Echo Daily Newsletter 8
Flings Man 20 Feet In Wild Auto Ride
CHAUFFEUR FOR DETECTIVE BURNS TEARS UP FIFTH AVE, SPREADING CONSTERNATION
The New York times, 25th June 1913
NEW YORK — John H. Camp, chauffeur for Willlam J. Burns, the detective, went on a wild automobile ride up Fifth Avenue early last evening. As a result one man was mortally hurt. Another was taken to the hospital suffering from a fracture of the right arm and dangerous internal injuries.
Camp was finally arrested by Patrolman Bernard Kane of the East 104th Street Station after the automobile, a big black touring car, had been disabled by a collision with a milk wagon. He fought desperately with Kane, breaking two of the policeman's fingers, and also blackened the eye of Isador Prezint of 302 East 101st Street, who went to Kane's aid.
In the fight Camp was cut on the forehead and chin. He was treated at the police station by Dr. Boyd of the Harlem Hospital. He said that he had been celebrating his fortieth birthday. and admitted that he had drunk too freely of Hungarian wine.
Charges of felonious assault and intoxication were made against him. He will be arraigned this morning in the Harlem Court.
Where Camp started on his wild ride the police were unable to ascertain, but Patrolman Kane saw the automobile flash by him on the west side of the avenue at Ninety-sixth Street at the rate of more than thirty mlles an hour.
A moment later the car struck Frank Agramompe, manager of the George Meyer Carriage Company of East Sixty-fourth Street, who had started to cross from the west side at Ninety-eighth street. Spectators said that Agramompe was flung twenty feet in the air. At Mount Sinai Hospital, where he was taken, it was said that he had sustained a fracture of the skull and internal injuries and would die.
Camp didn't stop to see what had happened, and at Ninety-ninth Street ran into a milk wagon driven by Samuel Okum of 52 East 103d Street. who was proceeding slowly downtown on his right of way, The wagon was upset and the milk bottles were sent flying over the street. Okum was thrown out. His head hit the pavement and he was made unconscious. He was taken to Mount Sinai hospital, his right arm hanging loose. His condition is considered dangerous because of internal injuries.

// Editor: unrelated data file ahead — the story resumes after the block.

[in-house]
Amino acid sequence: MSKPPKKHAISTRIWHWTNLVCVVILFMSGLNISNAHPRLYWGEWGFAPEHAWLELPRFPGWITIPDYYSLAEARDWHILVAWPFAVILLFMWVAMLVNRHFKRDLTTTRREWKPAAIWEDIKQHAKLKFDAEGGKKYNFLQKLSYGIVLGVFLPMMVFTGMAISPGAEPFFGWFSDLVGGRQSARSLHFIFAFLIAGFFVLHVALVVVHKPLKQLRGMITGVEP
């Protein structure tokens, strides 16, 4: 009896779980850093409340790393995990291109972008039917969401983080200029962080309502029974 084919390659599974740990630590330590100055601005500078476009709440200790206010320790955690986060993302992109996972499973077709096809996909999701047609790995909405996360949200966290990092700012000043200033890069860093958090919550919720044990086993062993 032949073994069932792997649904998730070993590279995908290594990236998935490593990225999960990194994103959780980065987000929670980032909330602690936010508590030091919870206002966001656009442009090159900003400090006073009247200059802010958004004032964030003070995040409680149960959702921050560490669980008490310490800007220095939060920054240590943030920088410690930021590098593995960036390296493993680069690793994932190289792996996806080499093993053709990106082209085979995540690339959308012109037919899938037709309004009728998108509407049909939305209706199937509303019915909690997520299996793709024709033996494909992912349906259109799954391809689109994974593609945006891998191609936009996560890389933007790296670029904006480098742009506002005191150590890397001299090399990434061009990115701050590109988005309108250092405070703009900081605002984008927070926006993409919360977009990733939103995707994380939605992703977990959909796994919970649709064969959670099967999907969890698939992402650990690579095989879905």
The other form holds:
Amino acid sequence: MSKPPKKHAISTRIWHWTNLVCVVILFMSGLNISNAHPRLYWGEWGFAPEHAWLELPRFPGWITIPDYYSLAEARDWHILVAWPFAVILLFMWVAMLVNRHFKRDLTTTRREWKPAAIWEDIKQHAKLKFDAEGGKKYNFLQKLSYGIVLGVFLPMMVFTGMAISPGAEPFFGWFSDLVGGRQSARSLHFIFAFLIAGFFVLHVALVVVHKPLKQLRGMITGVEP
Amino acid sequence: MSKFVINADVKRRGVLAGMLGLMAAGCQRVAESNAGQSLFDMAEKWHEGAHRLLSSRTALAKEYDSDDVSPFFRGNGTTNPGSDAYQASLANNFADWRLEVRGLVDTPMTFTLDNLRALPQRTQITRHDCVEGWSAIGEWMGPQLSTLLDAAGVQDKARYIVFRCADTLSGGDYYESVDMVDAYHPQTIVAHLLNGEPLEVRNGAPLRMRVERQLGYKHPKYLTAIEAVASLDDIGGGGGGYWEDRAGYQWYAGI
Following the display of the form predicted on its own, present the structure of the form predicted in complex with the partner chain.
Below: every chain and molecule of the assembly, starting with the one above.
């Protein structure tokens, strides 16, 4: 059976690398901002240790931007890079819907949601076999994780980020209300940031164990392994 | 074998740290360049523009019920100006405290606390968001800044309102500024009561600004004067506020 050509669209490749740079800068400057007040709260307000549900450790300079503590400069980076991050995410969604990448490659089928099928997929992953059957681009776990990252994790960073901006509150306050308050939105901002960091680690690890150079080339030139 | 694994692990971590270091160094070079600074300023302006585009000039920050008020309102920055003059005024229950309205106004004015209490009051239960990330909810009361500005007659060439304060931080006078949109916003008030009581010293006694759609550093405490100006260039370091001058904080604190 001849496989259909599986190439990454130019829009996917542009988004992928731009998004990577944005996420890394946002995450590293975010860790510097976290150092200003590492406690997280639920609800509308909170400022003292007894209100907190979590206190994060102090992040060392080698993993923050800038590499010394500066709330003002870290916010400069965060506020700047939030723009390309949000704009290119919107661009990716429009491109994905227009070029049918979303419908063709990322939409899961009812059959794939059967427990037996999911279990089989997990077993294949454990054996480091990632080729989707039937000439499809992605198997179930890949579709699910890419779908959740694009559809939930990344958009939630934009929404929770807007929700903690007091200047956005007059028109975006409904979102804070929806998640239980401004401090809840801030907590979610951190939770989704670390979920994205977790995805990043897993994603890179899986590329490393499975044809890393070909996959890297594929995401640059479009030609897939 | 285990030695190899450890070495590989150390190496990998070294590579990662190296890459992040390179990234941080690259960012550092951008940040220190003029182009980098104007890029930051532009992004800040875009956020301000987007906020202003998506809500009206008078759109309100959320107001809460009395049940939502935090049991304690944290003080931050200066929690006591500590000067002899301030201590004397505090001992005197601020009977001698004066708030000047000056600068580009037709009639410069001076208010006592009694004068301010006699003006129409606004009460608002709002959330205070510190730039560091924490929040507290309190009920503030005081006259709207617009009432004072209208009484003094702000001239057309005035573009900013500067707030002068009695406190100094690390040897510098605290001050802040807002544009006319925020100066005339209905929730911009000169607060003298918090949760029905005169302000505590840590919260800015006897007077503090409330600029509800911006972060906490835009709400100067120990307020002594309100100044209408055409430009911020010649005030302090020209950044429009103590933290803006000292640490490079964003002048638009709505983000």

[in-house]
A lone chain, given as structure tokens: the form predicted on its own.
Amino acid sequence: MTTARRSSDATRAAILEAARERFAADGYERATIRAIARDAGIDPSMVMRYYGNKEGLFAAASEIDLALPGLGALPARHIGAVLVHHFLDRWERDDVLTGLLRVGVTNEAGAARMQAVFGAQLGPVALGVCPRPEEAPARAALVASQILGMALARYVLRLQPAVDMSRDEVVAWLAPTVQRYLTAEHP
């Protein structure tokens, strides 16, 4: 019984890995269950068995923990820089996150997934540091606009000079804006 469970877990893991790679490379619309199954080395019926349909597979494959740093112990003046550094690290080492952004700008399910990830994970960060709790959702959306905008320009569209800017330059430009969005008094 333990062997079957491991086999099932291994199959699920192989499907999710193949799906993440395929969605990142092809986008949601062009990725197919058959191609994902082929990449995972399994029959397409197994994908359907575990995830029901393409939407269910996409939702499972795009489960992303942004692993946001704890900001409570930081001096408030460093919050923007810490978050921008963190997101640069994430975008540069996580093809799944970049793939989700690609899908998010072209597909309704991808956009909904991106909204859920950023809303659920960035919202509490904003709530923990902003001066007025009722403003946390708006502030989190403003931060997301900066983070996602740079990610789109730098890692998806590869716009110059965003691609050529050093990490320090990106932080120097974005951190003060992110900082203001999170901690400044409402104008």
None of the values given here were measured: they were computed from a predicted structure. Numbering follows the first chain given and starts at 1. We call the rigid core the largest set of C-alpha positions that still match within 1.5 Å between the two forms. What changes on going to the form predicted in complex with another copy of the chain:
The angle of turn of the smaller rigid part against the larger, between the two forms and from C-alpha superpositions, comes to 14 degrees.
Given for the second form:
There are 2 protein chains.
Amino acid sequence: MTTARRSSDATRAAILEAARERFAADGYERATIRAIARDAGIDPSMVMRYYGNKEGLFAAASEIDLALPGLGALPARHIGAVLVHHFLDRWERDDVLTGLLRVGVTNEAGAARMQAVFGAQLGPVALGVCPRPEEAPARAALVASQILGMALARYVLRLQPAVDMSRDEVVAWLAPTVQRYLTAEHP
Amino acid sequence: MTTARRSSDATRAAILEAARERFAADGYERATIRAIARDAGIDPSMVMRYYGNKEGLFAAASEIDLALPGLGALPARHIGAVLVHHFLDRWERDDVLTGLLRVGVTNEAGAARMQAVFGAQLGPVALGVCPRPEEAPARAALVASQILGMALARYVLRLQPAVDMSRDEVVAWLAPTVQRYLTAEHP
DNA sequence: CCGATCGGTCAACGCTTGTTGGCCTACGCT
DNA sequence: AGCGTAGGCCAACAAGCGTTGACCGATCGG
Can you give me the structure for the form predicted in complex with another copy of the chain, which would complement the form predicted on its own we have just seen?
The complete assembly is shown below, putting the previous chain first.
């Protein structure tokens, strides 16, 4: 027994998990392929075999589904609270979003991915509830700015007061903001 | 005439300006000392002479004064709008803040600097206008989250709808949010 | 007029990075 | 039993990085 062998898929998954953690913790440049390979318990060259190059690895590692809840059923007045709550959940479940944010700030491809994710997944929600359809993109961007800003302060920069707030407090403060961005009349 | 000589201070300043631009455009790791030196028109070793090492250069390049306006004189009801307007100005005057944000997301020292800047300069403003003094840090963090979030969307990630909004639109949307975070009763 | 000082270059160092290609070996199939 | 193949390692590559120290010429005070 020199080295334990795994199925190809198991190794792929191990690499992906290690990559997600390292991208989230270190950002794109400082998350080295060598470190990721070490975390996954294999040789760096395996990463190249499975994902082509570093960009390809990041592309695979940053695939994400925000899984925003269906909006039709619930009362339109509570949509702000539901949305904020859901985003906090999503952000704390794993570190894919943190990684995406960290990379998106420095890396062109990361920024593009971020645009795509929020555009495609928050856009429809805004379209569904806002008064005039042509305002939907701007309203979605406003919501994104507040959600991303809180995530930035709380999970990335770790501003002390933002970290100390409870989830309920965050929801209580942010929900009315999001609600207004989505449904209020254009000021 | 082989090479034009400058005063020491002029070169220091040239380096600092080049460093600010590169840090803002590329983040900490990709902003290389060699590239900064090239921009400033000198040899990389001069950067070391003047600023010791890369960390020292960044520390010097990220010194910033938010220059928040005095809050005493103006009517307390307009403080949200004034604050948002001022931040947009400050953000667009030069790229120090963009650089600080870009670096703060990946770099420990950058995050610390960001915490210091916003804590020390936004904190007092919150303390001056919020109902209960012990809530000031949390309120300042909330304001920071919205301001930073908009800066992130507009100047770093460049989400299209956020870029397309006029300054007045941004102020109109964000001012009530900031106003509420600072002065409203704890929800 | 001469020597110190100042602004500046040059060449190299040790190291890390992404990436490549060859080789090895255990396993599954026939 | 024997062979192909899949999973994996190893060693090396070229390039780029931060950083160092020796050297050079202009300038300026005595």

The automobile was disabled in the collision. Camp jumped from his seat and was at work on the engine when Patrolman Kane arrested him.
Camp, a big, strapping fellow, turned on the policeman. Kane struck at him with one hand and with the other rapped on the pavement with his club for assistance. A crowd of men quickly collected, but Prezint was the only one to offer assistance. He was felled by a blow and his eye was blackened.
Kane, with two of the fingers of his right hand broken, was continuing his struggle with the chauffeur, when Patrolman Rowley came to his assistance. They took Camp to the East 104th Street Station.
According to the police, Camp, after he had quieted down, admitted that intoxicating liquors were responsible for his actions. He said that he had devoted several hours to celebration of his birthday.
The fact that Camp dld not injure others was considered a remarkable feature of his wild ride, as he chose the side of the thoroughfare which by the traffic rules is reserved for down town traffic. Many women and children who were crossing the avenue had narrow escapes as the automobile leaped unexpectedly upon them.